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Epidemiology, course and disease burden of chronic hepatitis B virus infection. HEPNET study for chronic hepatitis B: a multicentre Greek study


Maria Raptopoulou, 4th Medical Department, Aristotle University of Thessaloniki, 541 24 Thessaloniki, Greece. E-mail:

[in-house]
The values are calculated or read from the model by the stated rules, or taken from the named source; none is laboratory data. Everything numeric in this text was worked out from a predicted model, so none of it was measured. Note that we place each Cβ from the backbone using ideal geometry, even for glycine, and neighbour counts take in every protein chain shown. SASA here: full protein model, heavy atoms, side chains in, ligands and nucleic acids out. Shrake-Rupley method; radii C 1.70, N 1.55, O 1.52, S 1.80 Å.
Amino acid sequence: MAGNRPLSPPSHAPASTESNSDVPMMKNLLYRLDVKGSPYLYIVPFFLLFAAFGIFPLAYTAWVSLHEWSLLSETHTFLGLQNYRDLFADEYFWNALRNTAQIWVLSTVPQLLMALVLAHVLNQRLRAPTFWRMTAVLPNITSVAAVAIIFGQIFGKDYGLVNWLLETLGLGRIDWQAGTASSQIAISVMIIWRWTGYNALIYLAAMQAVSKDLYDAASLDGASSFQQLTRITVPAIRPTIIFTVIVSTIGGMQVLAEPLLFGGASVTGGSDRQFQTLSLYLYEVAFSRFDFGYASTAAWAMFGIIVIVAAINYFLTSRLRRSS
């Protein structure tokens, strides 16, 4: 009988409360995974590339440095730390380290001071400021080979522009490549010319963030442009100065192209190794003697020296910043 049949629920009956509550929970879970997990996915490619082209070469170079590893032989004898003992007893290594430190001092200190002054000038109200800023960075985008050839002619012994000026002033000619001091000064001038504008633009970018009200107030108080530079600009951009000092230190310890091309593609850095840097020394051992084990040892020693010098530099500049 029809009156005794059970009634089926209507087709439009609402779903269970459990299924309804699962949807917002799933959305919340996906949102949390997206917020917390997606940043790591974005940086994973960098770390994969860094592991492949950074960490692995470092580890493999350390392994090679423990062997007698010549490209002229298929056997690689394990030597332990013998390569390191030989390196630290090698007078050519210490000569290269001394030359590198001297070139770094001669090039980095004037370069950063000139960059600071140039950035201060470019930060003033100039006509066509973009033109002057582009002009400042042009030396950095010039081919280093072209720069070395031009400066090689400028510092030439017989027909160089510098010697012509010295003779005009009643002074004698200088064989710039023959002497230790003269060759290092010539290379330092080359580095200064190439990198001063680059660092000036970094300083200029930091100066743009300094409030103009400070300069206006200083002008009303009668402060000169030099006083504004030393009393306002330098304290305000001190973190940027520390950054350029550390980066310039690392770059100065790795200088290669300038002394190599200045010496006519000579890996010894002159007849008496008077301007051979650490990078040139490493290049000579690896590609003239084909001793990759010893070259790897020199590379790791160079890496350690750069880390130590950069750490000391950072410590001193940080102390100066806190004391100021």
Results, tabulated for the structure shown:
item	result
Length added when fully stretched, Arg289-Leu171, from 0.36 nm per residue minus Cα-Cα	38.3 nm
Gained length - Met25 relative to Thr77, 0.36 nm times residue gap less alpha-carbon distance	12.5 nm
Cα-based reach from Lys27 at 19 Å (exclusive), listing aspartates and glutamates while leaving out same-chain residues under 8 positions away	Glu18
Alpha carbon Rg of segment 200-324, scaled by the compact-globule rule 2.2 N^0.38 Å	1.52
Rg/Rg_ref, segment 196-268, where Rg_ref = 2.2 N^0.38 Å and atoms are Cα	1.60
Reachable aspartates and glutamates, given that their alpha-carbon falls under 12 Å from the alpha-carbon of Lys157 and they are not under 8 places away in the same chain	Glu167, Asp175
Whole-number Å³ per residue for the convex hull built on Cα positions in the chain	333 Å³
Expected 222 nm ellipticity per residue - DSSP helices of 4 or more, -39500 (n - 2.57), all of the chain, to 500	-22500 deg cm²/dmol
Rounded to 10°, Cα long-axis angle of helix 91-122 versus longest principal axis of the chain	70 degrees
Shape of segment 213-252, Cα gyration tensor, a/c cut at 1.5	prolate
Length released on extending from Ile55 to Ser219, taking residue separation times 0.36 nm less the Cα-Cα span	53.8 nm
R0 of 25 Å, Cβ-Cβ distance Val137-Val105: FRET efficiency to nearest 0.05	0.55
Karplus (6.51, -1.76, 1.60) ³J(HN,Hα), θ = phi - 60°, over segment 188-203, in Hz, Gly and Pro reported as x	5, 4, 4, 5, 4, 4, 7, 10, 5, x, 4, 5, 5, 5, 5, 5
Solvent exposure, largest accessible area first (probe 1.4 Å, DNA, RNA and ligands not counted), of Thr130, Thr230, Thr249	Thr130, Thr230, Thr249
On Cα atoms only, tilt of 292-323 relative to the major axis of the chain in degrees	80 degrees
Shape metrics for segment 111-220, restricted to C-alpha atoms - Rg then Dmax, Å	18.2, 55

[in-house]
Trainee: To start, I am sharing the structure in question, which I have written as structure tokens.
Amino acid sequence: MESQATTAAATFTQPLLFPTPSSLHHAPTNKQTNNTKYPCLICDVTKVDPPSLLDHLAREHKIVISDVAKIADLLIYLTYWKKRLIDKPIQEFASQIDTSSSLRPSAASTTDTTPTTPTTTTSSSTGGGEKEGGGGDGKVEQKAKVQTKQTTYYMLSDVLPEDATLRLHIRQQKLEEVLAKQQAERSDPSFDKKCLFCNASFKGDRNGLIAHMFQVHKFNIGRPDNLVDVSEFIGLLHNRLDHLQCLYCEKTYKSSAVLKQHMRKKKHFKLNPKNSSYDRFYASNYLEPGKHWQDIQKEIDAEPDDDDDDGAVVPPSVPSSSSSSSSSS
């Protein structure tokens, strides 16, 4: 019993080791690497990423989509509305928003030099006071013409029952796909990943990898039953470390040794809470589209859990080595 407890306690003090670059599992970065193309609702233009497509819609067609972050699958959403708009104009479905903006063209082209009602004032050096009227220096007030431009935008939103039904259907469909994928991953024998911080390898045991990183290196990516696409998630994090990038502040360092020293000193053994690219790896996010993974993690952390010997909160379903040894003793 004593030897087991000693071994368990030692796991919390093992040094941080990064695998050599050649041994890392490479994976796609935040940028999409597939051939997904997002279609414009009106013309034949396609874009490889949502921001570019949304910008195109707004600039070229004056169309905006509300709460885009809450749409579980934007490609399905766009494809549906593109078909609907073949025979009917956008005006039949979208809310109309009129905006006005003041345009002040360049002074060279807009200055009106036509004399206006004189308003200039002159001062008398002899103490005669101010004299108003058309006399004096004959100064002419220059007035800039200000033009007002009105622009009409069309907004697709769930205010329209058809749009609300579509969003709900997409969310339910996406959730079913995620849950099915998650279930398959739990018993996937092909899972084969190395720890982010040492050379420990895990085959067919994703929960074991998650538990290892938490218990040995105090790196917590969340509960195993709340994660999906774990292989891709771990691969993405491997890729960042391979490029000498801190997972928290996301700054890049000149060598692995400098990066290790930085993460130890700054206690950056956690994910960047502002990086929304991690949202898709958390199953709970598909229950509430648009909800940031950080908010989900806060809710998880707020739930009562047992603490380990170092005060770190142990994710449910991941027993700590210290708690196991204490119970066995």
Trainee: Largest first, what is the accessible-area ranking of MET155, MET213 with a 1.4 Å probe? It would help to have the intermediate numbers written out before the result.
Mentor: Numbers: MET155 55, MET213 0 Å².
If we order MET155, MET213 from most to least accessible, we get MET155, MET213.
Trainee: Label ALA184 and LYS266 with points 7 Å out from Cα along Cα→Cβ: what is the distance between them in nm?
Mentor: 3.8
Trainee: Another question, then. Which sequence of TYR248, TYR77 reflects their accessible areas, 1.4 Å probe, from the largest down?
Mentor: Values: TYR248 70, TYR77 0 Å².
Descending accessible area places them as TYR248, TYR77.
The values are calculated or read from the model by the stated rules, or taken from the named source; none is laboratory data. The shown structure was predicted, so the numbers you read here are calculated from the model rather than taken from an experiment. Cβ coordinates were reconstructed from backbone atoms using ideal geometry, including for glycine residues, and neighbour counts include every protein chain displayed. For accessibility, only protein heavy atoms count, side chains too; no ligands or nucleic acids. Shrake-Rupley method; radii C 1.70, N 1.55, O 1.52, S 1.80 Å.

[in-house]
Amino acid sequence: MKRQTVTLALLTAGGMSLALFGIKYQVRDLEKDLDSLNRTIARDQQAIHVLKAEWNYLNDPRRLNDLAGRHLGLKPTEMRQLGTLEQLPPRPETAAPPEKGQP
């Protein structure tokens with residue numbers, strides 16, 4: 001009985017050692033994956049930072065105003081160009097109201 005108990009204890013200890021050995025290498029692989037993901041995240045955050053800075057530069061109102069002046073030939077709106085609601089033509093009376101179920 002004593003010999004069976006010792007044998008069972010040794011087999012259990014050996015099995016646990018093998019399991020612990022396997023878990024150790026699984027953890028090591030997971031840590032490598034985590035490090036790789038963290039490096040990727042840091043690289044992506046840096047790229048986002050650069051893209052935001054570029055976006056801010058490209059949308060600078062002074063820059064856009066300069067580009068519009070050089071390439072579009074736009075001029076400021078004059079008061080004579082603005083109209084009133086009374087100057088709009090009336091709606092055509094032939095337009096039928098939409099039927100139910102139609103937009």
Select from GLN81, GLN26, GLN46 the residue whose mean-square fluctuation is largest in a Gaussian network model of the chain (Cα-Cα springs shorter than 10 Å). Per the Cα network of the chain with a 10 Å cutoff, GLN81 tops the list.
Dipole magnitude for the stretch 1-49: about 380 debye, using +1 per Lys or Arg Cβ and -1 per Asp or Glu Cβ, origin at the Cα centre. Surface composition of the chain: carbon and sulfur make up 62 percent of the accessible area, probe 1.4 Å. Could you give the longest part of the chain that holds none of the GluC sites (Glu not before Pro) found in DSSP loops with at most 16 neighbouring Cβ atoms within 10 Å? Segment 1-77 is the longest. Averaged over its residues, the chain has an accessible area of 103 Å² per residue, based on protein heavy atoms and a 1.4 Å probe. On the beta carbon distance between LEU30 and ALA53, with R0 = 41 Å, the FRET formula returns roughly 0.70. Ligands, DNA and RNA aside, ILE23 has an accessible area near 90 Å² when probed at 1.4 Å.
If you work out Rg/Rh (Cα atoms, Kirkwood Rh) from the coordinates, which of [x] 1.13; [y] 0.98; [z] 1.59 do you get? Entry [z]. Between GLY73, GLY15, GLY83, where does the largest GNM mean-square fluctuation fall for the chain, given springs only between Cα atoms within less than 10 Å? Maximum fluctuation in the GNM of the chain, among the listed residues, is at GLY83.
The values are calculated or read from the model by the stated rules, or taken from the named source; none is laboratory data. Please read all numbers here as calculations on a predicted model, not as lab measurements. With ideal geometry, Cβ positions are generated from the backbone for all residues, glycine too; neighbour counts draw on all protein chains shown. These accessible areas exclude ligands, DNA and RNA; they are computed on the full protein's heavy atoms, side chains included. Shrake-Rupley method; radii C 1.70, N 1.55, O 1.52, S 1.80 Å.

Summary.  Hepatitis B virus infection (HBV) has been recognized as a major health problem worldwide. Greece belongs to the intermediate endemicity countries with a trend of decreasing prevalence of HBV infection during the last decade. However, the recent massive immigration to our country may have led to alterations of HBV epidemiology. In this study, we evaluated the epidemiological features of HBV infection in a sample of 3480 patients followed up during the years 1997–2006. Immigrants mainly from Albania represented the 18.6% of the total study population and 56.6% of children. The majority of the patients had no family history of HBV infection (67.3%) or of acute hepatitis (95.4%), no known source of infection (64.6%), with intrafamilial spread accounting for 16.9% of the HBV transmission in adults and 33.9% in children. HBeAg(-) hepatitis B was the predominant form of hepatitis (92.1%) among the Greek patients in contrast to the immigrants where 16.6% were HBeAg(+). Liver cirrhosis was diagnosed in 8.8% of the total population and 0.9% had hepatocellular carcinoma. A high proportion of children were HBeAg(+) (62%), 55% from immigrant families, 25.2% were infected in the perinatal period and had no evidence of disease complications. In conclusion our results showed (a) a changing pattern in the epidemiology of HBV infection in Greece due to the significant number of HBeAg(+) patients, especially among children and (b) a considerable number of patients although aware of their infection, present with advanced disease.